Yesterday I exchanged several e-mails with my German friend Francisco Welter-Schultes concerning a snail that was once (and only once) recorded from Turkey. While attempting to figure out where exactly in Turkey this snail may have been found, we discussed some old German papers and touched upon a multitude of other subjects, including Kleinarmenien ("Little Armenia"), the Turkish town of Amasya and Rums.
To the Turks of Turkey a Greek is a Rum (pronounced "room"). Although most Turks wouldn't know it, Rum actually means "Roman"1. The reason why the origin of Rum may be obscure to them is probably because it has been in use for many, many centuries.
Sevan Nişanyan, in his etymological dictionary of Turkish2, gives the origin of Rum as the Greek romiós. A much older etymology shedding more light on the origin of the word was given by a Thomas Smith in the following 1683 article from the Royal Society's Philosophical Transactions.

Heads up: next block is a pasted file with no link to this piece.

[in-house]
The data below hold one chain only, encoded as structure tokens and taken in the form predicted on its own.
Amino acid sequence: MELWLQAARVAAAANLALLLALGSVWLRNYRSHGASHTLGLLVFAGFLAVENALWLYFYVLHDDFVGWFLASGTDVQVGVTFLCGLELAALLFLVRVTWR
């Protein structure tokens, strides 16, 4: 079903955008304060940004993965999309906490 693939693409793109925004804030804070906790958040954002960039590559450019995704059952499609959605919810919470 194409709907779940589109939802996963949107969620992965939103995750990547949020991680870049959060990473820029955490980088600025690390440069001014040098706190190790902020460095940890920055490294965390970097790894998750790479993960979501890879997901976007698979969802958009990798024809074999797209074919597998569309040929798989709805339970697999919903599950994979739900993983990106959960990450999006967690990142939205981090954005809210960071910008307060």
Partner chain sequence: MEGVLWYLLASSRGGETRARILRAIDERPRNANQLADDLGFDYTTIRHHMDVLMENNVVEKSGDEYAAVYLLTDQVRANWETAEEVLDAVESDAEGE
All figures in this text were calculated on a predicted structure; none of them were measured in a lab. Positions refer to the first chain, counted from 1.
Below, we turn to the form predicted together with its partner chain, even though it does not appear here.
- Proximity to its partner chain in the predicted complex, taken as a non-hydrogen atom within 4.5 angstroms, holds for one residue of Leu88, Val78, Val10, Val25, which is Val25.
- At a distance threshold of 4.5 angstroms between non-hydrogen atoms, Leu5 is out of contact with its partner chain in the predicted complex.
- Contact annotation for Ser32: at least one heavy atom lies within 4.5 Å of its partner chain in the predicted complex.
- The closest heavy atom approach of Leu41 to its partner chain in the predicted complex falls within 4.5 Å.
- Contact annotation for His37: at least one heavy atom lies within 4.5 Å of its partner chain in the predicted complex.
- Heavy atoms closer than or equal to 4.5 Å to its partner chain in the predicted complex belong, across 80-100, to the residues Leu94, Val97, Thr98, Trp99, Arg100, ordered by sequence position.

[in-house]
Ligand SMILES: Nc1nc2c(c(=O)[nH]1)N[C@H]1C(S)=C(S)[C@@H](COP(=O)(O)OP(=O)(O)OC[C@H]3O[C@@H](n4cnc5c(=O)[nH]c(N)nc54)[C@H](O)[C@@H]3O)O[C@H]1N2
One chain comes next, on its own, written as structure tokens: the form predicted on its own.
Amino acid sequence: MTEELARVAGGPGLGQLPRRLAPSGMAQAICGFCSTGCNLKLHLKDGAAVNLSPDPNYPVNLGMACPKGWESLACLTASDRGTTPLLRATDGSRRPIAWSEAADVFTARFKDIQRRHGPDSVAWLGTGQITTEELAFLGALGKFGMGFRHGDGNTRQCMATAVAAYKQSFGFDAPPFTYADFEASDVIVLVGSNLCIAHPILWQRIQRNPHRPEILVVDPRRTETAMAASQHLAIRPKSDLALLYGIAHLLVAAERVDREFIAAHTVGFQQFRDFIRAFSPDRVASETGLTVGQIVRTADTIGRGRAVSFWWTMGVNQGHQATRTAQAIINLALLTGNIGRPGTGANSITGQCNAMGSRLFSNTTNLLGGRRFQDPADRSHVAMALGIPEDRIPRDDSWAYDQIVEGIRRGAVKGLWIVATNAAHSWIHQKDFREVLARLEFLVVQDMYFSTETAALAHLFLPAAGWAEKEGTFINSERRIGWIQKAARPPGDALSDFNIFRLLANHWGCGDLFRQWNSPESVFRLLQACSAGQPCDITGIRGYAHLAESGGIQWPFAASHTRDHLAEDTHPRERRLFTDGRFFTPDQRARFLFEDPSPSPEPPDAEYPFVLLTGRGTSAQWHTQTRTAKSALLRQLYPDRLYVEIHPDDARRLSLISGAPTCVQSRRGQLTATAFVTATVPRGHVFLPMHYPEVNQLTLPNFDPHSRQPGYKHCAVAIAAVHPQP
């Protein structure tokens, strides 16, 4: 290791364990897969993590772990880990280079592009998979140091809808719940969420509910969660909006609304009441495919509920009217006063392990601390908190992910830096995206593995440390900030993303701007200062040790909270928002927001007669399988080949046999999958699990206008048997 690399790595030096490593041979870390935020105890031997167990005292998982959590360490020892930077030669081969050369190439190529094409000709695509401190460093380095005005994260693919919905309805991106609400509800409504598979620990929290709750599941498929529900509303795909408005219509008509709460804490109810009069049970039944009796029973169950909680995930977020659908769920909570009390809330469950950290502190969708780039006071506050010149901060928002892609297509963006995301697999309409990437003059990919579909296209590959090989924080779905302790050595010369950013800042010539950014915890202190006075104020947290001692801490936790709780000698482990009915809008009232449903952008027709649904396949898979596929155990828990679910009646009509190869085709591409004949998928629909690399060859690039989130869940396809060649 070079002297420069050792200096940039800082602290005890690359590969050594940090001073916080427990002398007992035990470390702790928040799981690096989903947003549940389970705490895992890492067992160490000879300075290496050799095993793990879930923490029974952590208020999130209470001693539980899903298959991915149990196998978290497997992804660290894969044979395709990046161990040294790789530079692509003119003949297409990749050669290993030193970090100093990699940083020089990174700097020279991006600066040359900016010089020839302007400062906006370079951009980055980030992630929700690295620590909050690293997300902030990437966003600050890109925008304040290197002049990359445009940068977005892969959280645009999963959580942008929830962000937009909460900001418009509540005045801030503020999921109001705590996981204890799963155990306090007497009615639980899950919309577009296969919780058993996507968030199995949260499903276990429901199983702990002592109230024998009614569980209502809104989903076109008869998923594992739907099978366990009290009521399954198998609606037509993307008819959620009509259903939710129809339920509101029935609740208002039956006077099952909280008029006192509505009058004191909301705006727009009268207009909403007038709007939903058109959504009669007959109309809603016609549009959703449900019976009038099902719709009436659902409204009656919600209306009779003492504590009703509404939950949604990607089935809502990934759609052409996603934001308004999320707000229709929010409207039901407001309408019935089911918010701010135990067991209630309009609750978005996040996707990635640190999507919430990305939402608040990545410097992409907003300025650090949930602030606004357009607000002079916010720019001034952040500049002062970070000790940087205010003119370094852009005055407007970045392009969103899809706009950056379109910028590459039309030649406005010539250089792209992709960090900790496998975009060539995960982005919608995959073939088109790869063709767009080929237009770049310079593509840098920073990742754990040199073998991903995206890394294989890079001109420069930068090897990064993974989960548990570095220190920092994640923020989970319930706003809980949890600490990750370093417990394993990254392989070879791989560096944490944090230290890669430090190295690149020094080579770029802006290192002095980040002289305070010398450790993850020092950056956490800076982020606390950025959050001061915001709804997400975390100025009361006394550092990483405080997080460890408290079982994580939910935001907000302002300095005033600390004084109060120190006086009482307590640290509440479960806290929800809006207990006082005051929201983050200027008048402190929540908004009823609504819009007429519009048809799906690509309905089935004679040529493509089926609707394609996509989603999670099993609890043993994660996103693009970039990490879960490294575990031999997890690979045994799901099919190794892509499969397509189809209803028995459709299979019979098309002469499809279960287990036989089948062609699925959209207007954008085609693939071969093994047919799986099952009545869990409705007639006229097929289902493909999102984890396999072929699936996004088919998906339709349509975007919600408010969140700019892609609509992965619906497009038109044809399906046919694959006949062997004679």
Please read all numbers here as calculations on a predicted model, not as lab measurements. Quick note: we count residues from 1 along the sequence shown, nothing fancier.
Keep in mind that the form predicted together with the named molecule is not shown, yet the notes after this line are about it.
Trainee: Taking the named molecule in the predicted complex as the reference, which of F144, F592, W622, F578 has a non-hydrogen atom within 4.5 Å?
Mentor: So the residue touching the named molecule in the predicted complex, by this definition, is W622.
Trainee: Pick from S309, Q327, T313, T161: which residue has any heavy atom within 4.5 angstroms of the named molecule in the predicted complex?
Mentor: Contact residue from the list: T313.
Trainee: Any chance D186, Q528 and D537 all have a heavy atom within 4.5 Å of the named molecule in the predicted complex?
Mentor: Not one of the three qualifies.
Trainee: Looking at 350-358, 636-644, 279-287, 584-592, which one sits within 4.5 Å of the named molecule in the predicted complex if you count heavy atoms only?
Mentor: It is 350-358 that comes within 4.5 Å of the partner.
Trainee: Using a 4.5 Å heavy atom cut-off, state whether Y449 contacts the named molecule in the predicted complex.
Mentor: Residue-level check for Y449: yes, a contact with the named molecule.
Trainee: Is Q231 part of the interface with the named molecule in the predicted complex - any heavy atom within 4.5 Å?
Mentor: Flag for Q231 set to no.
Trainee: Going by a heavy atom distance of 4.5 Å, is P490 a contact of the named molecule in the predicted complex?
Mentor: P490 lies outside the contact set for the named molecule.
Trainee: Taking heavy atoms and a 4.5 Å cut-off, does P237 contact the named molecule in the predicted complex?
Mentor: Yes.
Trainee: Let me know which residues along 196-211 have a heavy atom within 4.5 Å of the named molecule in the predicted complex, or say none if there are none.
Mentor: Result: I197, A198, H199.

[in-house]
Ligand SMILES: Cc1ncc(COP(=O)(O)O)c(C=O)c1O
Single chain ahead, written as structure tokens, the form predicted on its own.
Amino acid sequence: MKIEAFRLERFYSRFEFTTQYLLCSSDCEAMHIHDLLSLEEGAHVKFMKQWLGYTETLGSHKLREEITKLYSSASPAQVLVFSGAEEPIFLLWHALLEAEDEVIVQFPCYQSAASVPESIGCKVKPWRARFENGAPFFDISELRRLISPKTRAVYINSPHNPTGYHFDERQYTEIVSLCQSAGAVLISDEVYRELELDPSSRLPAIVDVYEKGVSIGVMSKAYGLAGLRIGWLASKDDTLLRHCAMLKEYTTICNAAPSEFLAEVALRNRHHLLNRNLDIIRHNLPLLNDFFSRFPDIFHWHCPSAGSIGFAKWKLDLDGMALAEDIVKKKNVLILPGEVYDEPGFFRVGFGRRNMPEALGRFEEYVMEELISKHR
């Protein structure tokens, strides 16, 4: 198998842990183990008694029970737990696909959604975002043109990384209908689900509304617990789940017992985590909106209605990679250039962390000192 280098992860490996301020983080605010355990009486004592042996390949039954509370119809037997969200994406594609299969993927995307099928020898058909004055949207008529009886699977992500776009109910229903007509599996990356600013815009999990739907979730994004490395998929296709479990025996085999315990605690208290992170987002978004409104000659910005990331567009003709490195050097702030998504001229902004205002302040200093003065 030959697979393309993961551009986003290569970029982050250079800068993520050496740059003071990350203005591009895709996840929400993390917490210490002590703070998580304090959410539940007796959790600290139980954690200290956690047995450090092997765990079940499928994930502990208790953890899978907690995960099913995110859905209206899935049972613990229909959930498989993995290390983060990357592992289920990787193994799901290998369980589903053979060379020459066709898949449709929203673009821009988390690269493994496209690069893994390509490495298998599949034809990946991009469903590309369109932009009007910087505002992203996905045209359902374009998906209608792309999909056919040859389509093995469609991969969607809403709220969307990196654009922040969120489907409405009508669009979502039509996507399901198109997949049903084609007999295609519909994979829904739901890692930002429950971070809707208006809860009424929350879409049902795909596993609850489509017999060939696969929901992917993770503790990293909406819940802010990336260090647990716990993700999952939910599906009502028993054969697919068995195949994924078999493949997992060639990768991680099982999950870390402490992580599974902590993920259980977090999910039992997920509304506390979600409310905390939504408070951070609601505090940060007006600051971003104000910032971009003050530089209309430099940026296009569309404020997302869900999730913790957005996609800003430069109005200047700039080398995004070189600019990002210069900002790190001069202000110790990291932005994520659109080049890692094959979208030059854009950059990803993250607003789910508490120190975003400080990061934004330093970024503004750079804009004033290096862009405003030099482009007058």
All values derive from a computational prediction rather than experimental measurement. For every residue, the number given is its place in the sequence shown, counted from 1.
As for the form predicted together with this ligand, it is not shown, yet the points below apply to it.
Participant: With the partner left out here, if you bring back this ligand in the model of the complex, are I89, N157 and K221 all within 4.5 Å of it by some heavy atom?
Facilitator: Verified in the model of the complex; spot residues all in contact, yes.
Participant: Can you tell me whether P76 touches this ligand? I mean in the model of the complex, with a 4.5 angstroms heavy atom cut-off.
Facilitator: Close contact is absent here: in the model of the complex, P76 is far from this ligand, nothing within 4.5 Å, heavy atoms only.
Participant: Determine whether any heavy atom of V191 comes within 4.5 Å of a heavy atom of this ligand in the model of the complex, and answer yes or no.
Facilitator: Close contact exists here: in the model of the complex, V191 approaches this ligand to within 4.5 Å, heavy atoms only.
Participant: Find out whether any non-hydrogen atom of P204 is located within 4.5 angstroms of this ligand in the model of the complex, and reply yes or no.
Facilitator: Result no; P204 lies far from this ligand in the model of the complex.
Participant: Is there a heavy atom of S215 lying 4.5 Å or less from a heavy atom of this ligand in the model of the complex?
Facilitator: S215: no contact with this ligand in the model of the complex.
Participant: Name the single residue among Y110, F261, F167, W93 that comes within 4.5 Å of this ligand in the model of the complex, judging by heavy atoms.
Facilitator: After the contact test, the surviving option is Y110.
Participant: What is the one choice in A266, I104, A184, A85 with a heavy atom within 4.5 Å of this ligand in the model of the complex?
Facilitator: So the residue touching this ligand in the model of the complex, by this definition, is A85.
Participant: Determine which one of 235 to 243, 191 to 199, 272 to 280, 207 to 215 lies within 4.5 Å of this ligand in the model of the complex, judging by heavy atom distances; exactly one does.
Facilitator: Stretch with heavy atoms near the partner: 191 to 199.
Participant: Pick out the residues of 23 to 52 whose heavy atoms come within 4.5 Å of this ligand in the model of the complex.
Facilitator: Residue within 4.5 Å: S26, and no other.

In his 1st sentence Smith is referring to Constantinople and "the Empire" is the Byzantine Empire. "The continent of Thrace", on the other hand, is the name given to the northwest corner of the present day Turkey (Trakya in Turkish) and the adjacent area in Greece across the border. The Ottomans referred to that area also as Rumeli ("the Land of the Rums"). In a nutshell, and if my understanding is correct, what Smith was saying is that after the Roman Empire collapsed, the Byzantine Empire centered around Constantinople was seen as the former's continuation. Hence, the Greeks became "Romans".
Smith's spelling of Rum as Vrum may have been due to his misunderstanding of its pronunciation. His Vrumler Padisha must have been Rumların Padişahı or "the Padişah of the Rums". Padişah (pronounced padishah and originally from Persian), the equivalent of "emperor", was the title of the Ottoman sultans.
1The present day Turkish word roman (originally from the French romance) means "novel"; the word for a Roman is Romalı ("a person of Rome"), while a Rumen is a Romanian. But a Romanian could also be called a Romanyalı. Finally, the Turks call Greece Yunanistan. So, a Greek is also a Yunan(lı). Yes, it could get complicated.
2 Sevan Nişanyan. 2003. Sözlerin Soyağacı.